Kosovo's Unworthy Victims: an Interview with Paul Polansky
In its rush to proclaim a supervised independence for the "embattled and violent" region of Kosovo, the international capitalist community is ignoring and covering up a tragedy of Roma people in this colonized region, a tragedy for which they are responsible. If there is one point where Albanian nationalists ("independence and mono-ethnic self-determination"), Serbian nationalists ("autonomy without independence") and Euro-colonialists ("supervised independence without an autonomy") are in any kind of an agreement, it is the systematic disregard for the Roma or Gypsy population in Kosovo. We can read all kinds of concerns about "human rights" in Kosovo, as exemplified in the recent statement of the under secretary Nicholas Burns before the House Committee on Foreign Affairs, but absolutely nothing about the horrific fact that in three camps built by the UN High Commission for Refugees, where some 60 Gypsy children under the age of six have been exposed to such high levels of lead that they are highly likely to die soon or to suffer irreversible brain damage. This number represents every child born in the camps since they were built five and a half years ago. This continues to be non-news, the same way Roma continue to be the "unworthy victims" of Kosovo's colonial nightmare.
It is for this reason that the Freedom Fight collective from Serbia has prepared, exclusively for the Z sustainers, a short interview-commentary with Paul Polansky. Paul is one of the most important contemporary writers and activists concerning the hidden and suppressed history and reality of the Eastern European Roma. He is the Head of Mission of Kosovo Roma Refugee Foundation. In his poetry collections Living Through It Twice, The River Killed My Brother, and Not a Refugee, Polansky delineates a painful history of the atrocities of Czechs, Slovaks, Albanians, NATO and the UN against the Roma. His books on Kosovo Romas include Blackbirds of Kosovo, UN-leaded Blood as well as forthcoming oral history of Yugoslav Gypsy survivors of Nazi German and Nazi Croatian concentration camps.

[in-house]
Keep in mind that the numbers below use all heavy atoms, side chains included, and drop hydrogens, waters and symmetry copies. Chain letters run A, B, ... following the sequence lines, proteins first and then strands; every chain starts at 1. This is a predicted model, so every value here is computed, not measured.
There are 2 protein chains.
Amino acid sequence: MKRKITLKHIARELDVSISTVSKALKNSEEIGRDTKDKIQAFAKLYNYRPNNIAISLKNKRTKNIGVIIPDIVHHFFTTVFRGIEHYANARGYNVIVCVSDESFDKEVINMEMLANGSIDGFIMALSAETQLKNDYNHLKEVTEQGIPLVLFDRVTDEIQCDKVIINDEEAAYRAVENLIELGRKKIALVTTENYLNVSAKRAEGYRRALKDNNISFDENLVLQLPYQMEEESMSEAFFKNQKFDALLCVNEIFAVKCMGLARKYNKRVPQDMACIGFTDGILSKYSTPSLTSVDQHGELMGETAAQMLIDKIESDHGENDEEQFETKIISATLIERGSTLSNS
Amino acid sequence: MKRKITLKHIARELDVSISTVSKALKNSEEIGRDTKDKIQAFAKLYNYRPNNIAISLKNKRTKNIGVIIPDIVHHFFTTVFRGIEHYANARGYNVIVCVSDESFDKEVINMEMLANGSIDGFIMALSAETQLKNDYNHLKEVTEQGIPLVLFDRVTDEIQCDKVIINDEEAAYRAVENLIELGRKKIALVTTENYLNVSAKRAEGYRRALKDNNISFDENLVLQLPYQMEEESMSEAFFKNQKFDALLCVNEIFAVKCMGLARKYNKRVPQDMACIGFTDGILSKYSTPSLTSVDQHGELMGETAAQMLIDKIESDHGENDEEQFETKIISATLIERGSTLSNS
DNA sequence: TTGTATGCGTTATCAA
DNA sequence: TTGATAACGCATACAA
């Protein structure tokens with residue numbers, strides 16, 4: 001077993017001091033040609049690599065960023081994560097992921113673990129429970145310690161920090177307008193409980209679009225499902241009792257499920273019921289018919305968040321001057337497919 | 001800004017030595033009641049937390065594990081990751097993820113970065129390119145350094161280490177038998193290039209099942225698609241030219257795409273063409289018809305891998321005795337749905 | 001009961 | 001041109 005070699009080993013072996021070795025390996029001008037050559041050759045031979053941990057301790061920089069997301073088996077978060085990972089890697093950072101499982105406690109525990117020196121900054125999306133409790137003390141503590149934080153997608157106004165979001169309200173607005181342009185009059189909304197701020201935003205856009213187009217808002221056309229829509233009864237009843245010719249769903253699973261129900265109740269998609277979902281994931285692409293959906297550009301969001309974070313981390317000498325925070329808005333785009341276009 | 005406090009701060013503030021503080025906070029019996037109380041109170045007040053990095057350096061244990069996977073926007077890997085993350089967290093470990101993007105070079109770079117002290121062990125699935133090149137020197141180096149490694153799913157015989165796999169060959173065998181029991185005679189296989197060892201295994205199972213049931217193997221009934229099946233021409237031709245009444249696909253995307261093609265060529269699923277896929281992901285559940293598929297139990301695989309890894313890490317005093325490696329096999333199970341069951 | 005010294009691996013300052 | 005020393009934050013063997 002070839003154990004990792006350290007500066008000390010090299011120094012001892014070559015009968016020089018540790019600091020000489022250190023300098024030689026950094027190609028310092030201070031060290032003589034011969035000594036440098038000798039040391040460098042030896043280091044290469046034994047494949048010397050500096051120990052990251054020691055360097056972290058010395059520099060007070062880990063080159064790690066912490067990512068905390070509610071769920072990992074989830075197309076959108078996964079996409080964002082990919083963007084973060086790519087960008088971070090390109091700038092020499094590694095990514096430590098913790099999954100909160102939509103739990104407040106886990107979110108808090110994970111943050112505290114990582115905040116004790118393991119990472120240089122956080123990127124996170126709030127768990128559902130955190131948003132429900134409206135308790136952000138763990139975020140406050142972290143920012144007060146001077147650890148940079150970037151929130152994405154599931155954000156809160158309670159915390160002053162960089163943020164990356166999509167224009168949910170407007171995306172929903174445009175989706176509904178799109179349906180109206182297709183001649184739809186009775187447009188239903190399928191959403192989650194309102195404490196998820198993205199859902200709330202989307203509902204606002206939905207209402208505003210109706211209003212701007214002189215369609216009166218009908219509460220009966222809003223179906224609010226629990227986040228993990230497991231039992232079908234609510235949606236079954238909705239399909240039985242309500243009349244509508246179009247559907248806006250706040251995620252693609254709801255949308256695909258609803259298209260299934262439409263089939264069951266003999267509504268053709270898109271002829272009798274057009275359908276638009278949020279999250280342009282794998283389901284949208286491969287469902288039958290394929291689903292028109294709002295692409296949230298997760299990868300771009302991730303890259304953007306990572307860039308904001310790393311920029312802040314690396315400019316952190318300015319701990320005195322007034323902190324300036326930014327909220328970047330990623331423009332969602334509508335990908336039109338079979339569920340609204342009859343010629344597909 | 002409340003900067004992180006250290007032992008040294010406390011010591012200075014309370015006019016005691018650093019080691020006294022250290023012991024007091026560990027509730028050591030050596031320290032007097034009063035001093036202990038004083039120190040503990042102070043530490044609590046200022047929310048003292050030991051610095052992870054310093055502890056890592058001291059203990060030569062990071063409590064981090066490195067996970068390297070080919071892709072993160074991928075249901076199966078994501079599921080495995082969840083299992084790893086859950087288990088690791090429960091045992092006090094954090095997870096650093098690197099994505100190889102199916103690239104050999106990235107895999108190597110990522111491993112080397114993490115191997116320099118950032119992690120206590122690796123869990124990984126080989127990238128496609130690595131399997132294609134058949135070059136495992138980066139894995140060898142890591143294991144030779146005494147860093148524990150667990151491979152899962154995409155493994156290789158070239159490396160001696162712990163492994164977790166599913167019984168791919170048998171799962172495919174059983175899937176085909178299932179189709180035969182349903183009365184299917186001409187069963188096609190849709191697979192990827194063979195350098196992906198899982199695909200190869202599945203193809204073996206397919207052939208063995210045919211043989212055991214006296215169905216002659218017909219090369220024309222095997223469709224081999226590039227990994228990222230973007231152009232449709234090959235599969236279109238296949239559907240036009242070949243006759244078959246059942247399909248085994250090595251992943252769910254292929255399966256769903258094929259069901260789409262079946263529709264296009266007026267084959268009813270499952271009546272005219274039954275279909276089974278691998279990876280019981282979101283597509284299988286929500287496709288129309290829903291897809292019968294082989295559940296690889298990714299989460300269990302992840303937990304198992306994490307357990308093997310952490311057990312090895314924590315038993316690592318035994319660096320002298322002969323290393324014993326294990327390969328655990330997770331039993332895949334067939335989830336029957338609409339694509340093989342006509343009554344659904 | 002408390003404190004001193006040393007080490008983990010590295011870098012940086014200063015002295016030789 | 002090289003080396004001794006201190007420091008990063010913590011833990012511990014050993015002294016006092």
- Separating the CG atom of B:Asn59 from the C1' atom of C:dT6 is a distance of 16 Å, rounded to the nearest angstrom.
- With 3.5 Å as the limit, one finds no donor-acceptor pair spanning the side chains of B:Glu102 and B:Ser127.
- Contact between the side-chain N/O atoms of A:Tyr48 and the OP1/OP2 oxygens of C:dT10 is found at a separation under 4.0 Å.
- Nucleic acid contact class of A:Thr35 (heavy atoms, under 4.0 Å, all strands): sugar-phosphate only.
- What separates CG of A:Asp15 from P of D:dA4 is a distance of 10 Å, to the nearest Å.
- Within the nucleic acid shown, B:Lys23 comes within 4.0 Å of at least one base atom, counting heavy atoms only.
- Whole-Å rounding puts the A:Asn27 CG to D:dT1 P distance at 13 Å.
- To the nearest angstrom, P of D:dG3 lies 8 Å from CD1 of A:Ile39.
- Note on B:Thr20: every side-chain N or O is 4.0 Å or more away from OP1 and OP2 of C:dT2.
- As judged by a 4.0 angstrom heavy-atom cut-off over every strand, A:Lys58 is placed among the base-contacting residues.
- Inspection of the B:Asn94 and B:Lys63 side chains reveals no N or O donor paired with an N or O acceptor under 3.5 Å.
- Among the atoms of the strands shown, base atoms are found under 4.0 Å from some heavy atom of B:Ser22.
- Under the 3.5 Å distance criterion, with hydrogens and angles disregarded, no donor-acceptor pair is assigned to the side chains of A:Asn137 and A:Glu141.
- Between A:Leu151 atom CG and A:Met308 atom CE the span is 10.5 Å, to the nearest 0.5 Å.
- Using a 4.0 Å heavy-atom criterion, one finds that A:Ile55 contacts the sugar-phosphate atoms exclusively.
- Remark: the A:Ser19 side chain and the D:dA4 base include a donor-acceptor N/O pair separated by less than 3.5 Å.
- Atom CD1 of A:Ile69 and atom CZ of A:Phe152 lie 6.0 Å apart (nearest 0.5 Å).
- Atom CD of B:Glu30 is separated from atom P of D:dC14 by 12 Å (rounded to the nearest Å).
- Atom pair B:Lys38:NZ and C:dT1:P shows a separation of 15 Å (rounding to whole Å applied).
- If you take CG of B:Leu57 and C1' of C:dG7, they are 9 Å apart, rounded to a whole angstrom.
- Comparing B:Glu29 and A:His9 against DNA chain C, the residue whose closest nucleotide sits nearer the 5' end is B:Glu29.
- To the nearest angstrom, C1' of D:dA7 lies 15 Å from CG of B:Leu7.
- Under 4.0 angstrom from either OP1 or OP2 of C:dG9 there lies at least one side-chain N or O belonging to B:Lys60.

1) Roma people are Europe's most marginalized and oppressed citizens. Could you tell us is there any significant difference in life circumstances between Kosovo Roma and Roma people in other European countries in which have you lived, for example, in Czechoslovakia? How were Roma treated in Europe during crises like WWII, for example? What is the main reason for persistent anti-Gypsyism?
This is a long question (many questions in fact) and I could easily write a book about each one. Probably most of these questions will be answered in depth by the Roma themselves when i published my collection of oral histories of ww 11 yugoslav Gypsy survivors. I've filmed 152 interviews from all over the former Yugoslavia. In their own words the Gypsies suffered a great deal during the war but basically werent targeted like the jews. The Gypsies were murdered in several camps such as jasenovac and in belgrade but not all were killed and in most places they survived although able-boded Roma were taken to work camps and many Romani women were raped. But in most places like Nish the Romani population survived intact while the Jewish population was totally liquidated. The same thing happened to Roma throughout Europe. In some places such as Bohemia and Moravia the Roma were decimated, but in other places such as Slovakia 90% of the Romani population survived. Regarding differences in their lives, the further west you go thebetter off Roma are, having integrated more than in eastern Europe. That integration of course has caused some setbacks. Most Roma in Czech republic no longer speak Romanes and have forgotten most of their traditions.